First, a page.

The Google Play Store brings vast collections of apps on Android. There are millions of apps on the Play Store which are used by billions of Android users in the world. Although Google has imposed stricter rules and checks on apps over the years, Android malware apps sometimes get away from Google’s watch, and it’s becoming increasingly difficult to recognize them each year.
A recent report from Dr. Web’s antivirus team suggests that apps filled with adware and malware were found. What’s more baffling is that some apps have been installed over 10 million times. If you have any of these apps installed on your device, consider removing them as soon as possible.
Malware in Android: Millions of devices affected
- Photo Editor: Beauty Filter
- Photo Editor: Retouch & Cutout
- Photo Editor: Art Filters
- Photo Editor – Design Maker
- Photo Editor & Background Eraser
- Photo & Exif Editor
- Photo Editor – Filters Effects
- Photo Filters & Effects
- Photo Editor : Blur Image
- Photo Editor : Cut, Paste
- Emoji Keyboard: Stickers & GIF
- Neon Theme Keyboard
- Neon Theme – Android Keyboard
- Cache Cleaner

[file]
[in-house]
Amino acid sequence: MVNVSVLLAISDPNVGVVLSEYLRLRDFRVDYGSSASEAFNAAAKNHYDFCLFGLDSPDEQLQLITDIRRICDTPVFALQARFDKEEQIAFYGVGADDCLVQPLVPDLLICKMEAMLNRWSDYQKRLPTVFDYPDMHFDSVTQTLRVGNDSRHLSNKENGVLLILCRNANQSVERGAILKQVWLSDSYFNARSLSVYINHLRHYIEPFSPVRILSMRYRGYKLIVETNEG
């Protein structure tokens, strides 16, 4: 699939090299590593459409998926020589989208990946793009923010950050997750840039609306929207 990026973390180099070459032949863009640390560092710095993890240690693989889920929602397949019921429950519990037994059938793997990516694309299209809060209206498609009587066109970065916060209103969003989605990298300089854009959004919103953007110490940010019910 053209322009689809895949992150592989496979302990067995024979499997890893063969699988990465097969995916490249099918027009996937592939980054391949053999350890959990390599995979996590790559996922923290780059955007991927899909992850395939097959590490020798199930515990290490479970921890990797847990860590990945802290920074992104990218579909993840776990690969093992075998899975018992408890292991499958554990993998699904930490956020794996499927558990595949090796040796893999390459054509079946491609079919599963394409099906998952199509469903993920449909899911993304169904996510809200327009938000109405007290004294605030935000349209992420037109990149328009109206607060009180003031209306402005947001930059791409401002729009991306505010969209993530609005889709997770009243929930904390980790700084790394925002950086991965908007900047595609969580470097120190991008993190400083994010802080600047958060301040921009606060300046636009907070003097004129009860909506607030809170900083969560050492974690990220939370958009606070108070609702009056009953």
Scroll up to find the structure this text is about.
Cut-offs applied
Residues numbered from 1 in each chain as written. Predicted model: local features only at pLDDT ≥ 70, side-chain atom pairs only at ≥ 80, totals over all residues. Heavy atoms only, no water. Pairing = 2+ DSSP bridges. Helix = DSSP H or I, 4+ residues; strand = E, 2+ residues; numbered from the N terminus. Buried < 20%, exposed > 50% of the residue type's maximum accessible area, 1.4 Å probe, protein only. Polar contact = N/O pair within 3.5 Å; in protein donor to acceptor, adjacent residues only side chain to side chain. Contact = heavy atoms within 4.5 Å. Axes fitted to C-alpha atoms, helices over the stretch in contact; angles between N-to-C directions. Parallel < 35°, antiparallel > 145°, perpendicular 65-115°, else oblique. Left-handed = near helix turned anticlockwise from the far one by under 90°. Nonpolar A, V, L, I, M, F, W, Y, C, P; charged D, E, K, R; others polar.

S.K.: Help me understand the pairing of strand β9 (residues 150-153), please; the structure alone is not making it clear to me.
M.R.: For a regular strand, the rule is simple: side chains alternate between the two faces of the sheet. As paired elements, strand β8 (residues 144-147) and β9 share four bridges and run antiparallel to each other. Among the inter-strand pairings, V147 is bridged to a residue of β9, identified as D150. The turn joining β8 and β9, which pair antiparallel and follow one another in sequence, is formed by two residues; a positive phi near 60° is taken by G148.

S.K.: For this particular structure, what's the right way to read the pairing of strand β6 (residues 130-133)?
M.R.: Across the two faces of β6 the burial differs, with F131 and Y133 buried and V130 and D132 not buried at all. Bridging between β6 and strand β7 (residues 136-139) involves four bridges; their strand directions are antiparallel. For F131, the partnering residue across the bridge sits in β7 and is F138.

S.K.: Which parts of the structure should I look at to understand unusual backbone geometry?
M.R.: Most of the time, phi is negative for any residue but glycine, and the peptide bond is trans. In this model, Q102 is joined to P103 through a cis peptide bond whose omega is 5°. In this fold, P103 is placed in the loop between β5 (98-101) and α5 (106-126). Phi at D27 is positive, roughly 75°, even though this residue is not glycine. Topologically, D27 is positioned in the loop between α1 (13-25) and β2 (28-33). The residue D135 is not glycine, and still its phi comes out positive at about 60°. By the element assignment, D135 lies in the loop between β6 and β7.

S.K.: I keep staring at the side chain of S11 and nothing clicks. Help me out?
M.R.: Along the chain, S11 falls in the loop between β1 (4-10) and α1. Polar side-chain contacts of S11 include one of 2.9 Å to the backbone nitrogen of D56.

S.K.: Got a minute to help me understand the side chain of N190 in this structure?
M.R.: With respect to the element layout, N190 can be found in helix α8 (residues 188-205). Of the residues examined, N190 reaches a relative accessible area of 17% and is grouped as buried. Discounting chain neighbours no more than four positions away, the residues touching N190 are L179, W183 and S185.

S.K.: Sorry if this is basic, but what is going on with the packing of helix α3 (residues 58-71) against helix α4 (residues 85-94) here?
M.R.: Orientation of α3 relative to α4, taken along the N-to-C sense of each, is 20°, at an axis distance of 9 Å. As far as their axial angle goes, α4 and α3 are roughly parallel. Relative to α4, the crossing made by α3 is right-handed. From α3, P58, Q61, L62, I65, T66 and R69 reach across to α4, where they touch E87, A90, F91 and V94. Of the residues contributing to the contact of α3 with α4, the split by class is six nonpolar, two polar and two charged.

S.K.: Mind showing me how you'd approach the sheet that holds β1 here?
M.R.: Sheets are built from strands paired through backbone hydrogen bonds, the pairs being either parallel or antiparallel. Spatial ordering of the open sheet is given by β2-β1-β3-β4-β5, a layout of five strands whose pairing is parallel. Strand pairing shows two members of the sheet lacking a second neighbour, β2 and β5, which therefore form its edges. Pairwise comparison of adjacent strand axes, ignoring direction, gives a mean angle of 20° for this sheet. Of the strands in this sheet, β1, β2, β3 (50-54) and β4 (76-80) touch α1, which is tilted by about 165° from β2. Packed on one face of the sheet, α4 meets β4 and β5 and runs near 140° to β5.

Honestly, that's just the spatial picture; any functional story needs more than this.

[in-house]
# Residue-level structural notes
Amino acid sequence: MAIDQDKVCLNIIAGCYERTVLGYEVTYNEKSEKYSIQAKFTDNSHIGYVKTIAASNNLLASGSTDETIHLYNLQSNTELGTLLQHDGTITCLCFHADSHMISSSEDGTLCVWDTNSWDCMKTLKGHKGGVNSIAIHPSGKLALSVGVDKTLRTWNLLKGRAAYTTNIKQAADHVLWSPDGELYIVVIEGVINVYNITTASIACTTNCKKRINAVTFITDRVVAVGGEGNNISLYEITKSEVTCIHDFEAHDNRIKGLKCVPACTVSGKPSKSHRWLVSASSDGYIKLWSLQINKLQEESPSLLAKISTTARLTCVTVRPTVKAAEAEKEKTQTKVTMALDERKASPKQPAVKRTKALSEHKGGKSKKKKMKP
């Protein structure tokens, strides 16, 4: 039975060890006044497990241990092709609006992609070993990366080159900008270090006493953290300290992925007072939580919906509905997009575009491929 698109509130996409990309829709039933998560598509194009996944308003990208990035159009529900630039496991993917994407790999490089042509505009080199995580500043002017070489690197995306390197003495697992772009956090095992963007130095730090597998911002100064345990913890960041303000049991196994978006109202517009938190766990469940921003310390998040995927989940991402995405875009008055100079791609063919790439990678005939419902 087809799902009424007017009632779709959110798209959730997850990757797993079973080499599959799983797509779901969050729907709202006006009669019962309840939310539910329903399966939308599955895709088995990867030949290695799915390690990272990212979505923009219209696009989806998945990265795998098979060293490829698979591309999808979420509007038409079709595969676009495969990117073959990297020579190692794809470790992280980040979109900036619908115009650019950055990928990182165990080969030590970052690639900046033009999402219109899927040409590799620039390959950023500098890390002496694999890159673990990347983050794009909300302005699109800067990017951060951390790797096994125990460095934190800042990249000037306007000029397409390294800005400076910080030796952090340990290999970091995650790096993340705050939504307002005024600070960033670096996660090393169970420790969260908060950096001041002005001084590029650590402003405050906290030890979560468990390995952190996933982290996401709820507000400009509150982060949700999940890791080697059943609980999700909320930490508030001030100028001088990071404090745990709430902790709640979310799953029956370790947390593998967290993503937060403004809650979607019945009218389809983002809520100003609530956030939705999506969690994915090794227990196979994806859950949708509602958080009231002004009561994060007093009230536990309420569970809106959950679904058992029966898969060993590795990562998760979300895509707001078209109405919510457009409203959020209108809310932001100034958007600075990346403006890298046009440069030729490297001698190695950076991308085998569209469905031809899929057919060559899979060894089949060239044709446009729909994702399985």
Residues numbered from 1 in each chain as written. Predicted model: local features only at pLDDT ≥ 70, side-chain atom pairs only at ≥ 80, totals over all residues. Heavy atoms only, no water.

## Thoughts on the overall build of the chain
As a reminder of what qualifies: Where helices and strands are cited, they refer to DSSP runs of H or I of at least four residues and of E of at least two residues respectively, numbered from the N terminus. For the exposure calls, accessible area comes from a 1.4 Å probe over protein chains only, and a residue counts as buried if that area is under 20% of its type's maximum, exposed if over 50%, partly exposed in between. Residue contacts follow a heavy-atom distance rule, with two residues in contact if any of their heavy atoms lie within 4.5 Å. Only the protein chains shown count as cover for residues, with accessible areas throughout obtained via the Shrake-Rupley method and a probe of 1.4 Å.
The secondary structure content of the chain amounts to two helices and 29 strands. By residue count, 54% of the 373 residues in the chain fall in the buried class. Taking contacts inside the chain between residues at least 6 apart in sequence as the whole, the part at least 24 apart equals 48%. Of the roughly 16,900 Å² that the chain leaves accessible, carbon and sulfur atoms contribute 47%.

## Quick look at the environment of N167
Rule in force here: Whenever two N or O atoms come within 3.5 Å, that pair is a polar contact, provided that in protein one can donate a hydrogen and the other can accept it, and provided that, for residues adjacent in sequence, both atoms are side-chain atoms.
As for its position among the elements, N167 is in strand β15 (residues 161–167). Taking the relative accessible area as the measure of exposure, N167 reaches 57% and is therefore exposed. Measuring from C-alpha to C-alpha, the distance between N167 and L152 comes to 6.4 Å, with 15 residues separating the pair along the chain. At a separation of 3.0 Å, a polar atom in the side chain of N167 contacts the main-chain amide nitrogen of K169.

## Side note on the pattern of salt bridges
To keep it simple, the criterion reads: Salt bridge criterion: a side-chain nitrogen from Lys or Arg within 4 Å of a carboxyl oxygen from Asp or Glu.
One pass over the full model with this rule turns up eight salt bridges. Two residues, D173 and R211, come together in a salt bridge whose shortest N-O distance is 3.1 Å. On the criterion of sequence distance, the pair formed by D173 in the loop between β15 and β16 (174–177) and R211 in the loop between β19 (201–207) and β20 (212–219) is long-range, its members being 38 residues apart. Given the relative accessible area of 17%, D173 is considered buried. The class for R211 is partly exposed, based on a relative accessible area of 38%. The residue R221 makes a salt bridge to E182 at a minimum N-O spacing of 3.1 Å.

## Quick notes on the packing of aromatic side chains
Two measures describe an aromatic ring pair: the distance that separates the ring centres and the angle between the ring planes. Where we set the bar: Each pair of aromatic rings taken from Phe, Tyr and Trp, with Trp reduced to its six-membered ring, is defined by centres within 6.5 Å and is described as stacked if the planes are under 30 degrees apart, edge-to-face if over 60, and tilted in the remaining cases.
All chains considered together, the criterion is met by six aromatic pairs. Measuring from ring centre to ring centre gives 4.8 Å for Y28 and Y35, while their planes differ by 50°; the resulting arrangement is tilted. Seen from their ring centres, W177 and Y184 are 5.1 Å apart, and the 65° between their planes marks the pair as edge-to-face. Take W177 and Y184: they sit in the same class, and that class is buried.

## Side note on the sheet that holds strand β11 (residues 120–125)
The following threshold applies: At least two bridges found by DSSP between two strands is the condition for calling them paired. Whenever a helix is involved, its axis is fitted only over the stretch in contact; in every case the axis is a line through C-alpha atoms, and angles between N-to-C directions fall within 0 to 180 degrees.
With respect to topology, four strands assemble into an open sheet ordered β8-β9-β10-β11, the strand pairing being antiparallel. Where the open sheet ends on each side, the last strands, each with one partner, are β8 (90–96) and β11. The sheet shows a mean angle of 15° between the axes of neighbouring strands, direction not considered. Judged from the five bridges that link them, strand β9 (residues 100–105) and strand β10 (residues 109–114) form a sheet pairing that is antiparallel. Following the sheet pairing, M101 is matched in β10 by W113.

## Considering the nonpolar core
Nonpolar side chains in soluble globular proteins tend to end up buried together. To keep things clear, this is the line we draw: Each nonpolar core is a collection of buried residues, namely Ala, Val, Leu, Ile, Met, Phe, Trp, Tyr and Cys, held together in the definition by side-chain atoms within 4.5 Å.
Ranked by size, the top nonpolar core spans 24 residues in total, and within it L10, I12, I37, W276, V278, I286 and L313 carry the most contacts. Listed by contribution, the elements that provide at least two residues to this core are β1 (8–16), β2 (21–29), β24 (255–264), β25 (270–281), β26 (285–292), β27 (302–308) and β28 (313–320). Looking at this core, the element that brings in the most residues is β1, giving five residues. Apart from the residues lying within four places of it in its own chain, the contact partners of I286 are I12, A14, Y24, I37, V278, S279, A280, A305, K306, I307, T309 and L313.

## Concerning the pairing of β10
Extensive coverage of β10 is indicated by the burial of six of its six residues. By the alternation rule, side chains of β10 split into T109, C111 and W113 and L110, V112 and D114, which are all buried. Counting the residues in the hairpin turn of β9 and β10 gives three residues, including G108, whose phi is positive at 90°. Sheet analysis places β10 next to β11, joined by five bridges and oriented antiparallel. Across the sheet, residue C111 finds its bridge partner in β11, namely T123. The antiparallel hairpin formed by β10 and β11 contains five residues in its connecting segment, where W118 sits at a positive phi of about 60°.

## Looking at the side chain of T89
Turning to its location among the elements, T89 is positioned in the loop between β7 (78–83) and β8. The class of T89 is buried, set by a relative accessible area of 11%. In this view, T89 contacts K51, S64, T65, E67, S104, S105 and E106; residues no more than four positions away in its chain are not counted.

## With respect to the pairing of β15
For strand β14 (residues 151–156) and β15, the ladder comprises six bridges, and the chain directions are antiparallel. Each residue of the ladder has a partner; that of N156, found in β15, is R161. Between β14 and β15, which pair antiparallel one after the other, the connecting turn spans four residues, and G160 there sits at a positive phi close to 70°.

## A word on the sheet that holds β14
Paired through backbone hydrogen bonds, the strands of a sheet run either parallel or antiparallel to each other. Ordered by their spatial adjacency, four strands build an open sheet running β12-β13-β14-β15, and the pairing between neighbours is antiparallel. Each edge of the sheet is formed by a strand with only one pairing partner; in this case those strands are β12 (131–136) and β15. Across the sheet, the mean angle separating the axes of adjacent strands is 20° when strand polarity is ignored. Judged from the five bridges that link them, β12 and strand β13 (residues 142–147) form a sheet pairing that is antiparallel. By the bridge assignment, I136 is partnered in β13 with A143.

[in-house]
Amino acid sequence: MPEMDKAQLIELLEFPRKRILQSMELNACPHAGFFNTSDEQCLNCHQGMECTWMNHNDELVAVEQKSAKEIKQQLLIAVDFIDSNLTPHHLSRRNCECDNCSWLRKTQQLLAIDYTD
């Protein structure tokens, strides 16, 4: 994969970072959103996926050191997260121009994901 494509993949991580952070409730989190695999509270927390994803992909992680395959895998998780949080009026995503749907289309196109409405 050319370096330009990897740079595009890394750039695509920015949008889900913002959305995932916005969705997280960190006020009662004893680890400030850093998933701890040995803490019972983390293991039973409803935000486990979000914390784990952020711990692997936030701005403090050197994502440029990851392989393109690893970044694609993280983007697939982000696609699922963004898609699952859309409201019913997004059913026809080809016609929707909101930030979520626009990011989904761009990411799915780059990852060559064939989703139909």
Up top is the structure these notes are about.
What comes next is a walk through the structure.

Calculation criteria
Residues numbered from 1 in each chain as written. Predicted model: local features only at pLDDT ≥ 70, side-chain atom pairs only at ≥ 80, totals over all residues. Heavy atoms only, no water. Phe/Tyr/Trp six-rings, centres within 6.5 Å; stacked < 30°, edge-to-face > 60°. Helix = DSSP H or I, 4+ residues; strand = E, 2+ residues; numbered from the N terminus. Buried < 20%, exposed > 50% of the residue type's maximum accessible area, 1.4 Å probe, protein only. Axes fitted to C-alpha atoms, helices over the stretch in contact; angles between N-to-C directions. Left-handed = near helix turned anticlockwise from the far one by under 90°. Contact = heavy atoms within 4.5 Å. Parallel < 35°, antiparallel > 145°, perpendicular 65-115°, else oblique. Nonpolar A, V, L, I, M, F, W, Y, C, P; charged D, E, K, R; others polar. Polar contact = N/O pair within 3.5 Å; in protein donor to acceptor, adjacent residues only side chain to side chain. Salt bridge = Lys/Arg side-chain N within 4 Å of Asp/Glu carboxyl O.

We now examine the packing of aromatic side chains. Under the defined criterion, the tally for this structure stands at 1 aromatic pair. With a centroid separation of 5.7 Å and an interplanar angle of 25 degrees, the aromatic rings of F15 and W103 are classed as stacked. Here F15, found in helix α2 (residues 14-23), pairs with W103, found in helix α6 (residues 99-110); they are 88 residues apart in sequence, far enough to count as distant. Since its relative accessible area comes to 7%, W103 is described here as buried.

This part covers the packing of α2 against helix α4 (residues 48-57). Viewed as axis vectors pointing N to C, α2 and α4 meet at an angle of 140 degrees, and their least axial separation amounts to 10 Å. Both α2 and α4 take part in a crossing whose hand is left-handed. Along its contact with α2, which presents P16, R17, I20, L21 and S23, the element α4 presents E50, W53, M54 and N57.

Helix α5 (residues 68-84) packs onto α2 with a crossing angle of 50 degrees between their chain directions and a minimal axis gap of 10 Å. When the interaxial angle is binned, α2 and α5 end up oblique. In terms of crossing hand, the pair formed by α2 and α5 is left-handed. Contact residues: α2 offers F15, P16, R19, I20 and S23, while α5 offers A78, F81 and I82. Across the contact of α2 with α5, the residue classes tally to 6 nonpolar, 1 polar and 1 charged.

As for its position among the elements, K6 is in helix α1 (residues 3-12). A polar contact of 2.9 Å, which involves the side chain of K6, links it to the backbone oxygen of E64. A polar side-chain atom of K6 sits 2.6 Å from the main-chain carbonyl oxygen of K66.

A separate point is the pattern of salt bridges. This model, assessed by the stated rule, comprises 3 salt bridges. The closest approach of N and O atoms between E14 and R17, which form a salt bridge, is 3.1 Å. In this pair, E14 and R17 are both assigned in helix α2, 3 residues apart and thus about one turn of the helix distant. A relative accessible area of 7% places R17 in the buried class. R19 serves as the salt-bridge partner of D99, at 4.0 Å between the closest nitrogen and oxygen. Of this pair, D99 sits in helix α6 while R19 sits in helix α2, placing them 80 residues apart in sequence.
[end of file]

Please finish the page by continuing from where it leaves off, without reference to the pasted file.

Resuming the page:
- FastCleaner: Cashe Cleaner
- Call Skins – Caller Themes
- Funny Caller
- CallMe Phone Themes
- InCall: Contact Background
- MyCall – Call Personalization
- Caller Theme
- Caller Theme
- Funny Wallpapers – Live Screen
- 4K Wallpapers Auto Changer
- NewScrean: 4D Wallpapers
- Stock Wallpapers & Backgrounds
- Notes – reminders and lists
- YouToon – AI Cartoon Effect
According to BleepingComputer, after installation, the apps ask for permission to display overlay windows to exclude themselves from the battery optimizations list so that they could always run in the background.
What’s even fascinating is that the apps change their icons to something pre-installed on most Android phones, such as “SIM Toolkit,” to fool the users.
Android Malware: What can you do to stay safe?
Most people will install Anti-viruses on Android, but that doesn’t help solve the issue. All you can do to protect your data and phone is refrain from installing apps that look sketchy.
Before going ahead and installing apps, read what the reviews are saying. Do not download any suspicious apps, always keep an eye on the permissions you grant to an app, and don’t blindly click on “Allow” all the time.
An example would be if you’ve installed a messaging app, it would only need access to your messages and storage, not your sensors, cameras, etc.
What are your thoughts about Android malware in 2022? How do you think Google could combat it? Let us know in the comments section below.